Fighting cravings is one of the hardest parts of fighting any addiction. It’s a pull that defies logic or reason and feels inescapable. Learning to tolerate cravings is one of the most important skills to learn during recovery. One thing that might help is simply taking some deep breaths. Smokers who have quit often find that deep breathing is an important element in quitting. When you go out for a cigarette, you are satisfying a nicotine craving but you are also doing something so obvious that hardly anyone notices: Breathing deeply. Breathing deeply calms you down. You have stretch receptors in your lungs and when you take a deep breath, these send a signal to your brain stem to suppress the sympathetic nervous system, or the “fight of flight” system. As a result, taking a deep breath calms you down. A smoke break is essentially going outside periodically to spend a few minutes taking slow deep breaths. It has a calming effect despite nicotine being a stimulant. When you quit smoking, not only do you have to endure withdrawal from nicotine, you also no longer spend a few minutes at regular intervals taking slow deep breaths. Ex-smokers who realize this and make a special effort to take breathing breaks often find they are more relaxed and have more energy. What’s more, the carbon monoxide leaves the blood after about two days. After that, they’re breathing in more oxygen and that oxygen actually makes it to their cells, rather than being pushed out by carbon monoxide. You don’t have to be an ex-smoker for deep breathing to help with cravings. If you make a habit of taking regular breathing breaks–say, a few minutes every hour or so–it can help reduce the accumulation of stress throughout the day. Stress tends to compound. You’ve probably noticed how small things really get on your nerves when you’re already too busy or recently had some kind of conflict. Deep breathing helps deflate that stress a bit, which will help keep cravings at bay. If you do find yourself struck by a craving, breathing can help there too. A craving is, itself, a kind of stress. You feel like you need something you can’t have, which makes you feel agitated. Taking a few slow deep breaths will help reduce the intensity of cravings. It will also take your mind off it to some extent, especially if you count your breaths, or count the pace of your breaths. A popular counting scheme is 4-7-8: four seconds in, hold for seven seconds, breathe out for eight seconds. Your heart rate actually slows a bit on the exhale, so having a longer exhale than inhale will help you relax more.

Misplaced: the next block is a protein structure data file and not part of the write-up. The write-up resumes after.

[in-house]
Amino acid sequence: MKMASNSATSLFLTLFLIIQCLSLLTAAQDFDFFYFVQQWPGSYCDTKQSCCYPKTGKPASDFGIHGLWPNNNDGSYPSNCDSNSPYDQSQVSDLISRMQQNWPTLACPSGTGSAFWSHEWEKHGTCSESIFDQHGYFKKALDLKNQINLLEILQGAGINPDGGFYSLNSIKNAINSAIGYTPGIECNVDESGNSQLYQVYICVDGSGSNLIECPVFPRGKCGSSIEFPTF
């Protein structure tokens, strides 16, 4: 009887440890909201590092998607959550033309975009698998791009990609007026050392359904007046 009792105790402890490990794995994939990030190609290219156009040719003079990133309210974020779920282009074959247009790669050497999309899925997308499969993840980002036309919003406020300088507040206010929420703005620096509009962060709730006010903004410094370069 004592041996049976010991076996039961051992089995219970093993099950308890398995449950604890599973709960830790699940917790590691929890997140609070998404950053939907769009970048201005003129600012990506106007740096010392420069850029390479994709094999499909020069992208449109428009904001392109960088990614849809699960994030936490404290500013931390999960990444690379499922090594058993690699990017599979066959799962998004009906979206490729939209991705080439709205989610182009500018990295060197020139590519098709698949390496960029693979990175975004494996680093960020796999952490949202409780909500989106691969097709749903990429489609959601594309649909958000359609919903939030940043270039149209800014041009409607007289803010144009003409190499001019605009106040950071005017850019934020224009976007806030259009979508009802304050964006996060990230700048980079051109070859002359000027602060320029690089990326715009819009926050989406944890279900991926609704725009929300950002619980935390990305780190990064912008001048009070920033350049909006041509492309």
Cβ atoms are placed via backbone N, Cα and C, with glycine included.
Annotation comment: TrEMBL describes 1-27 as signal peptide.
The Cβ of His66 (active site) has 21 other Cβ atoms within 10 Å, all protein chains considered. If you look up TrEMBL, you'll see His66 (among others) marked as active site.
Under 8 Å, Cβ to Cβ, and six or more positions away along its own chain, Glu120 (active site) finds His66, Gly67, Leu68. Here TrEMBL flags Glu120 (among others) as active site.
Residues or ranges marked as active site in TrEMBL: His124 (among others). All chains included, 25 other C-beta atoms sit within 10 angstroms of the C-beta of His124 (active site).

If you or a loved one struggles with addiction, we can help. Recovery Ways is a leading addiction treatment provider with an excellent recovery rate. Our expert staff includes masters and PhD level therapists and board certified addiction psychiatrists. Our comfortable facilities will help to make your treatment as enjoyable as possible and our therapists use proven techniques like sensory integration and recreation therapy to help to engage the world without the assistance of drugs or alcohol. Call us today at 1-888-986-7848 or email us through our contact page to learn more.